The loss of the Mars Climate Orbiter -- valued at $125 million -- because the contractor (Lockheed Martin Astronautics) supplied NASA with crucial data in U.S. customary units rather than metric units points to the unacceptable state of affairs in this country regarding metrication [front page, Oct. 1].

Starting in January, a European Union directive will go into effect, and only metric units will appear on products sold in the European Union. Reports that this deadline has been postponed to 2009 are erroneous. Only a proposal to postpone the deadline has been put forth, and the necessary governing bodies do not have enough time to act upon that proposal. Thus, business and trade associations are advising U.S. companies to remove all U.S. customary markings from their labels to be used on products exported to the European Union.

We must already use the metric system in manufacturing, science, technology and other areas, and it is inescapable that we must at some point convert to join the rest of the world in using the metric system in everyday life. The sooner we embark on a well-directed program to convert (such as those used successfully in Australia and South Africa), the better off we will be.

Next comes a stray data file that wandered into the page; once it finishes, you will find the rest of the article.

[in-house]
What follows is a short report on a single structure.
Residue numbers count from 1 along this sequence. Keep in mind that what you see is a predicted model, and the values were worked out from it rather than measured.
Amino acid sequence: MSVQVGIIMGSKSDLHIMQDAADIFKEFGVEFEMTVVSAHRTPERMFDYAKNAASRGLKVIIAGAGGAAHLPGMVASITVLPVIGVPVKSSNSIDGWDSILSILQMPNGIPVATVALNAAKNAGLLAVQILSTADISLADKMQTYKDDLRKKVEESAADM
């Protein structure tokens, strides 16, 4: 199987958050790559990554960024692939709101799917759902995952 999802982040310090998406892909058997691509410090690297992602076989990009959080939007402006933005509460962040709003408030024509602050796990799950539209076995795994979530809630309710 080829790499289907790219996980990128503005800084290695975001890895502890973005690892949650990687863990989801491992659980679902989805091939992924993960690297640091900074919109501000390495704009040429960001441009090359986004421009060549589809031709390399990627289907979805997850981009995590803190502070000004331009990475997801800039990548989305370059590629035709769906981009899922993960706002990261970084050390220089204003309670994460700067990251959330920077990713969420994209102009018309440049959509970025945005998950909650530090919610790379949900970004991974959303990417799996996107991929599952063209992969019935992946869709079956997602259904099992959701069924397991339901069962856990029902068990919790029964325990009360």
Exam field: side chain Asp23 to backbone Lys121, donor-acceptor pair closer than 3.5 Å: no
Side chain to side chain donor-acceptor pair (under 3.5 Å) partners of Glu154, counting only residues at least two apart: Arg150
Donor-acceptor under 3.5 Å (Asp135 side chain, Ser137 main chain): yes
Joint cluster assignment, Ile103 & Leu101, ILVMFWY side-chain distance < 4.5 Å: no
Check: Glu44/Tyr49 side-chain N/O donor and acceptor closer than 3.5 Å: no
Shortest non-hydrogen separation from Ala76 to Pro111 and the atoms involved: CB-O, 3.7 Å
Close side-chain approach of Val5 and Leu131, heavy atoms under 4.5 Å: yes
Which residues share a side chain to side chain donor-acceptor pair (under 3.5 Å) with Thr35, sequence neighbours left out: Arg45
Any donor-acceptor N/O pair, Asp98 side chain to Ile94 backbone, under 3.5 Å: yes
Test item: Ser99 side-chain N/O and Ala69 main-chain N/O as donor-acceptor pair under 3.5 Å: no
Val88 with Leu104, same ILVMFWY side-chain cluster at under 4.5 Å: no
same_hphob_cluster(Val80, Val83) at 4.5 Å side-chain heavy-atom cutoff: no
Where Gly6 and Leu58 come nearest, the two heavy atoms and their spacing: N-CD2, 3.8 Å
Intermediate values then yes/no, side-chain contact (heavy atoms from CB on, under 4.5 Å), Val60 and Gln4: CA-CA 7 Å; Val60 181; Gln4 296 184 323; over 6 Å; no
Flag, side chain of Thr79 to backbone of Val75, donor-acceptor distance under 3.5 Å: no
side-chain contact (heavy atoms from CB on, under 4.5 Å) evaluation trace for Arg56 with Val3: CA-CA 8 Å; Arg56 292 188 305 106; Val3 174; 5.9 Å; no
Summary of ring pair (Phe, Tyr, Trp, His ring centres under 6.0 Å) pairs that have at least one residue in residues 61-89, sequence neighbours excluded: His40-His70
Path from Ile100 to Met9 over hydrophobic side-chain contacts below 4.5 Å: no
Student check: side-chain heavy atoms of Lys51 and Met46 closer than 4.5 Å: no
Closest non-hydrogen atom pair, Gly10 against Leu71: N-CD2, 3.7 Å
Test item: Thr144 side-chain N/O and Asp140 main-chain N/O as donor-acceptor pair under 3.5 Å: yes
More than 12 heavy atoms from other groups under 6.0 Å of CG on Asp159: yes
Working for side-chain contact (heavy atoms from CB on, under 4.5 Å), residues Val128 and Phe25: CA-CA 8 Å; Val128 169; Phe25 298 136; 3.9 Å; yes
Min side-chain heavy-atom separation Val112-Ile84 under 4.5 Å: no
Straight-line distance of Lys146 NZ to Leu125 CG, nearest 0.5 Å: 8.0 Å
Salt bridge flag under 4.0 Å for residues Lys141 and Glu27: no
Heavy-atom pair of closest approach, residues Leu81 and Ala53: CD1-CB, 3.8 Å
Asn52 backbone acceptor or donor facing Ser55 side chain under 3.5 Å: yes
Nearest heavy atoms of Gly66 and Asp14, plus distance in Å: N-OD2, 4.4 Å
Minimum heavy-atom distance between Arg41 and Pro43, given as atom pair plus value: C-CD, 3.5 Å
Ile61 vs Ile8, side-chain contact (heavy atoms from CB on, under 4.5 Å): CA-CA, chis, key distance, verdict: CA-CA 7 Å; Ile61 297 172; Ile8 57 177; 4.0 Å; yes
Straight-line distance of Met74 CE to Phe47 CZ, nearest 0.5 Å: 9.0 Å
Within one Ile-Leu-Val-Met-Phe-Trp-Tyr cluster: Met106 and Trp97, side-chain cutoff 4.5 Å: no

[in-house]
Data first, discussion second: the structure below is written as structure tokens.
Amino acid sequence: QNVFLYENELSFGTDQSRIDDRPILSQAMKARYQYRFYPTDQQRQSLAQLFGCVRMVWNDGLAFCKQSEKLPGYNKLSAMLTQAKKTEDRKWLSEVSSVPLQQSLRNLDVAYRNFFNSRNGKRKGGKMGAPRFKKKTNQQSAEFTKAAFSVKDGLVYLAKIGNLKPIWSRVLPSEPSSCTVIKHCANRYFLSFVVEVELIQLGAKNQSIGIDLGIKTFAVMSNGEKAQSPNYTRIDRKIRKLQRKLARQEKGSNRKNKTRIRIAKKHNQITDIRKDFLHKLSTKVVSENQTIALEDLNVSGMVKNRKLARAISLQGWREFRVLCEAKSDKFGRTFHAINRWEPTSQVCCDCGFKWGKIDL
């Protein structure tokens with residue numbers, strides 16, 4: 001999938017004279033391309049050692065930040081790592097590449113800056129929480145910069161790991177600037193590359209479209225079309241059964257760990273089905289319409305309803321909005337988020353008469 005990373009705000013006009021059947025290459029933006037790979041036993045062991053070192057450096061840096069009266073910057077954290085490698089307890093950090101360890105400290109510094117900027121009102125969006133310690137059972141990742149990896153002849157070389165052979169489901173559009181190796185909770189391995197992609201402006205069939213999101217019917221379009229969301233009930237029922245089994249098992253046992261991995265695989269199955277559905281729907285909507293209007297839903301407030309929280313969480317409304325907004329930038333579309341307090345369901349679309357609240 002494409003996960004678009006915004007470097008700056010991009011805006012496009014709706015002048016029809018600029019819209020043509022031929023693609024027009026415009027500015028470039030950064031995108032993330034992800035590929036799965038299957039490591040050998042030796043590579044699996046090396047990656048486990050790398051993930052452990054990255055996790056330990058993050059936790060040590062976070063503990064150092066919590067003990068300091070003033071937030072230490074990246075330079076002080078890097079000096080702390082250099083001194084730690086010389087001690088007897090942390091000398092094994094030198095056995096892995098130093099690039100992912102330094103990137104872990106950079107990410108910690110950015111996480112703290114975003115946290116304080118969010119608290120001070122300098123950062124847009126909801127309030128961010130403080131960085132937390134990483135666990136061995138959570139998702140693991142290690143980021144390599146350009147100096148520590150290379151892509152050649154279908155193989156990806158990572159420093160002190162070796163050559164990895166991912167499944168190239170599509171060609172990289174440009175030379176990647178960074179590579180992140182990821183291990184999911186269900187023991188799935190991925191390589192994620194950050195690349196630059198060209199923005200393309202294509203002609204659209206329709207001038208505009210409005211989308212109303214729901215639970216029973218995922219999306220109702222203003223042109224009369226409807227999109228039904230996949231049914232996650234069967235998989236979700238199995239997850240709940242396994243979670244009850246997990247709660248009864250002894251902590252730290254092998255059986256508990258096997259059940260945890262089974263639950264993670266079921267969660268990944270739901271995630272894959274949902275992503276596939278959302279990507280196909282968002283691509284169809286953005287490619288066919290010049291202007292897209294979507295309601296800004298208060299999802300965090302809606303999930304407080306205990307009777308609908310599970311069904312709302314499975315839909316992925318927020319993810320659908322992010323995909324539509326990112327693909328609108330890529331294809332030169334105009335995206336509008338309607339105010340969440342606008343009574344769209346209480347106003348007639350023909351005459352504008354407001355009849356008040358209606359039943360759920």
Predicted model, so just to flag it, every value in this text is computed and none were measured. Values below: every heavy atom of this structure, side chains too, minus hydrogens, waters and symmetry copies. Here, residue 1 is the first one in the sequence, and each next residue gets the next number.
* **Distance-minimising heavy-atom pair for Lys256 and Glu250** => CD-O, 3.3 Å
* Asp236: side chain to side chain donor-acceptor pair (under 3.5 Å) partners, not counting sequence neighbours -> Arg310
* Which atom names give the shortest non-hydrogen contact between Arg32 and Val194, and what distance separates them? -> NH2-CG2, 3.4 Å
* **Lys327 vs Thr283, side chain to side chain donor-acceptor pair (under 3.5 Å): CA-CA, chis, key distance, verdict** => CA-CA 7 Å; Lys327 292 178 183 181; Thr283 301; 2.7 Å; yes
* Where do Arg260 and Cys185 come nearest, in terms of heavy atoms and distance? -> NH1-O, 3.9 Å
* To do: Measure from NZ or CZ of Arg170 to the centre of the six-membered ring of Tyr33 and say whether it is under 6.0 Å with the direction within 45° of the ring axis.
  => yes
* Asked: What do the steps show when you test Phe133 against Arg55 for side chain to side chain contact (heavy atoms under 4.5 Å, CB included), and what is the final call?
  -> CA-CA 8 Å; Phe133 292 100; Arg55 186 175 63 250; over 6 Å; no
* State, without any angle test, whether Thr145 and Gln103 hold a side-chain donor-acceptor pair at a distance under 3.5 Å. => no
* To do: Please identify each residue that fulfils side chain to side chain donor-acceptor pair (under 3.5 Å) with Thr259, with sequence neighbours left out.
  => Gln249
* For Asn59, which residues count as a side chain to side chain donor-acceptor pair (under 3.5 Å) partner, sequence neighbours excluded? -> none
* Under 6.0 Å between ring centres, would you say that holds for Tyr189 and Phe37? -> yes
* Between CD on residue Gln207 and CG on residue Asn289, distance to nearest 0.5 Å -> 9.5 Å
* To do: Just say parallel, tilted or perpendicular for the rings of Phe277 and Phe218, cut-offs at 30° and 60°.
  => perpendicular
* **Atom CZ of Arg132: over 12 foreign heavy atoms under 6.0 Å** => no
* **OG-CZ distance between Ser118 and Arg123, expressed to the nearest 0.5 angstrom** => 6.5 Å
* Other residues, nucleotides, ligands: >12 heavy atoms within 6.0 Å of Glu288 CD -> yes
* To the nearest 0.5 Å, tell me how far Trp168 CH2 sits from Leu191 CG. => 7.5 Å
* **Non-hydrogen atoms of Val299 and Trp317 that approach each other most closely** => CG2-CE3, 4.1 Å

Redwood City, Calif.

The loss of NASA's Mars Climate Orbiter was the second calamity to befall a U.S. spacecraft trying to attain orbit around Mars in the past six years. The failure to convert British to metric units should have been caught by NASA's quality control team. Or it might have been obviated by eliminating the need to convert.

NASA has always employed the metric system (grams and meters) in its scientific work. Most of NASA's industrial suppliers, however, have clung to the use of British units (pounds and miles) for measurements and manufacturing. The rest of the world, of course, uses the metric system.

In the mid-'80s, NASA made a valiant attempt to convert to the metric system. The agency decreed, and specified in the initial study contracts, that all work in the planned multibillion-dollar space station program would be in metric units. That rule lasted through the design phase, but when the time came to issue production contracts, the contractors raised such a hue and cry over the costs and difficulties of conversion that the initiative was dropped. The international partners were unhappy, but their concerns were shunted aside.

No one ever suspected that a measurement conversion error could cause a failure in a future space project. The use of British units in this country seems more entrenched now than ever.


Chevy Chase